July 22, 2009
Debate heating up over recommended capital clemency in Ohio
As detailed in this local article, which is headlined "Getsy juror outraged: Upset by parole board decision," there is a brewing debate in Ohio over the state parole board's recommendation of clemency for a killer scheduled to be executed in August. Here are details:
After he read about it in the newspaper, Jerry Heck said he couldn't keep from driving to the Trumbull County Courthouse on Tuesday from his home in Bristol. ''I was appalled,'' he said of the Ohio Parole Board decision to recommend clemency for death row inmate Jason Getsy.
Heck, 54, is especially familiar with the local murder case since he was one of 12 jurors who heard the facts during his 1996 trial in which Getsy was found guilty. Heck was also among the jurors who recommended Getsy be sentenced to death.
Heck, a mechanic at Denman Tire, drove into town just to sign a petition being circulated by representatives of the Trumbull County Prosecutor's Office that asks Gov. Ted Strickland to turn down the parole board recommendation. ''The governor should let the jury do its job. We struggled over that case. There was crying and hugging. I remember,'' Heck said. ''I feel strongly about this.''... ''Just because other people weren't given the death penalty isn't enough. The other young men took themselves out of the crime scene. None of them pulled the trigger. His (Getsy's) only remorse was that he got caught,'' Heck said....
Getsy was convicted of the 1995 aggravated murder in the slaying of Ann Serafino, 66, of Hubbard, and of the attempted murder of her son, Chuck. Prosecutors said John Santine offered Getsy and two others $5,000 to kill Charles Serafino, a business rival, and any witnesses because of a dispute over Serafino's landscaping business. Ann Serafino was killed because she was at home when the gunmen attacked, authorities said....
Trumbull County Prosecutor Dennis Watkins, who penned his own protest letter to Gov. Ted Strickland within an hour after hearing to the decision Friday, called the decision a dangerous precedent that could lead to other pared-down sentences or early parole in noncapital murder cases.
Some recent related posts:
- Ohio board recommends clemency in capital case based on co-defendant disparity
- "A new Texas? Ohio's death penalty examined"
- Ohio — aka the Texas of the north — setting busy execution schedule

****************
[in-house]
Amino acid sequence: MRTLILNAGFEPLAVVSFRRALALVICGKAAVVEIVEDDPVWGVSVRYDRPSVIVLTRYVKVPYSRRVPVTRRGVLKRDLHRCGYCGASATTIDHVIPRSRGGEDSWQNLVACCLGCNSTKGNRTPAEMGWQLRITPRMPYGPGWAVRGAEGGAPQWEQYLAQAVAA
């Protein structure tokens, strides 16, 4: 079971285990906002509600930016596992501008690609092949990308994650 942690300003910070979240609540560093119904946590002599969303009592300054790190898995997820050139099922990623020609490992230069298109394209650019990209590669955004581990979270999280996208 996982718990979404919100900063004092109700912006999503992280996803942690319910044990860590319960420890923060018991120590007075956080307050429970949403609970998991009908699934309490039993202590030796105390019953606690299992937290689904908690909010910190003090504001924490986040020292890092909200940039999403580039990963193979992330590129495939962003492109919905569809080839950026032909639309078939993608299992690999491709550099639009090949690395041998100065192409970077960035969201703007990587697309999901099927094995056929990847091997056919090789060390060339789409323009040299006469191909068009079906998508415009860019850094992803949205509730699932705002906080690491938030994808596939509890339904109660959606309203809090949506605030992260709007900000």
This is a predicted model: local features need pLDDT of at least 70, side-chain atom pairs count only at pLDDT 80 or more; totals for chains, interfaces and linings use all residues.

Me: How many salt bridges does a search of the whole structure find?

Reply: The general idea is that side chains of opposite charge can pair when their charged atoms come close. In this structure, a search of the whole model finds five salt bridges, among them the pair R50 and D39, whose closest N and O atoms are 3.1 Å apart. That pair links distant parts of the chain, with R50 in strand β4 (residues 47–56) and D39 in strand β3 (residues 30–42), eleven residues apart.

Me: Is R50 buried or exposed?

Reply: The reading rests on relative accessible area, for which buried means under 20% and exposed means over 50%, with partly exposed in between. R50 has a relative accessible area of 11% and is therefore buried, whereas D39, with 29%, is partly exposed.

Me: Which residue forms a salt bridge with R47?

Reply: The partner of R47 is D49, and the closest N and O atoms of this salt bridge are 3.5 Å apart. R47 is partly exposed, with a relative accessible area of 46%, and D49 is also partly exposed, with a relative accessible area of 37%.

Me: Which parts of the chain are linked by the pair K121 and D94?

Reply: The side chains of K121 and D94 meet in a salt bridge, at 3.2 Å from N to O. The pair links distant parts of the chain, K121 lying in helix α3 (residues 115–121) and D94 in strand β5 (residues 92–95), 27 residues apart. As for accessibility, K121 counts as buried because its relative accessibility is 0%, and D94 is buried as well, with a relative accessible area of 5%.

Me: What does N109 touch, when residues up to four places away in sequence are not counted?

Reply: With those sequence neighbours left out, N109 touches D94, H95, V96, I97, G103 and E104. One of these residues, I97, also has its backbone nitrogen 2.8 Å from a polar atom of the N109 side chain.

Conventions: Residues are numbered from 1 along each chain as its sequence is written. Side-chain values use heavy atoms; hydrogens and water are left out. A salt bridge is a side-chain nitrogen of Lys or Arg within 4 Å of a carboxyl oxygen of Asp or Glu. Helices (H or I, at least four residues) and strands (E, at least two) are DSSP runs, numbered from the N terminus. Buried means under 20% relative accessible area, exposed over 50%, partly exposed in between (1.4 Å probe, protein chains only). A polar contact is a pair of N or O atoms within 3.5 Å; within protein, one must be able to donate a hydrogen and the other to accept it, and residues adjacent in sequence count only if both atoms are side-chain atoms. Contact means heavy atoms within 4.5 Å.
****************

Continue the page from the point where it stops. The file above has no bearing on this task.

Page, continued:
- Ohio — aka the northern Texas — executes again
July 22, 2009 at 11:27 AM | Permalink
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What a joke. This decision, which is based on squeamishness and a fetish for so-called rights, is laughable. First of all, murderers have zero claim to some sort of cosmic fairness as between co-defendants. They get a chance to present their case to a jury on the public dime and get to regale the jury with how mommy and daddy didn't give them enough love. That's more than enough process. Second of all, if one thinks about this standard, it's easy to see that lone murderers get "screwed". When murderers act in concert, they are more dangerous, but with this standard, each murderer is entitled to the mercy (misplaced or otherwise) of each of his co-defendants--how is that not arbitrary--a built-in structural advantage to killers who act in concert.
"In imposing a death sentence, it is imperative that we have consistency and similar penalties imposed upon similarly situated co-defendants." Oh yeah? Says who? Five squeamish twits who are more concerned with moral preening than justice.
Getsy needs to be put down. Why spend all the money getting to the death sentence and then all the money to keep him in jail for life?
Posted by: federalist | Jul 22, 2009 2:32:00 PM
Why spend all the money getting to the death sentence and then all the money to keep him in jail for life?
Of course this argument could be used to oppose any clemency.
Trumbull County Prosecutor Dennis Watkins [c]alled the decision a dangerous precedent that could lead to other pared-down sentences or early parole in noncapital murder cases.
Clemency and mercy have long been part of any legitimate justice system. That a prosecutor, who plays a different role in the system then the parole board or governor, should consider "other pared-down sentences" or early parole in non-capital murder cases to be inherently dangerous, is just another example ad nauseum demonstrating the need for a total overhaul of how prosecutors should be trained. Prosecutors should be pursuing justice, not unmitigated vengeance. Any proper acknowledgement of that role would appreciate a system in which the harsh excesses of the law do get mitigated from time to time by a fresh set of eyes.
And Professor Berman,
I dare say that an exmaple of a prosecutor not pursuing justice is Warren County Prosecutor Rachel Hutzel. While the law does seem to be on her side that juror affidavites can't be used to grant a new trial, AFAIK the district court's grant is not precedential of a new trial to Widmer so there's no reason appealing the ruling is necessary for the future. If the interests of justice require a new trial, Prosecutor Hutzel should just let the ruling stand.
Posted by: Southern Ohio | Jul 23, 2009 10:03:56 AM
The argument could--but so what? We hear all the time from the anti crowd about costs. I thought I'd throw it back.
The mercy/clemency point really isn't germane. No one is disputing that mercy doesn't have a role. The issue is whether someone is automatically entitled to mercy shown to a co-defendant. And your response doesn't deal at all with that point.
Posted by: federalist | Jul 23, 2009 11:51:48 AM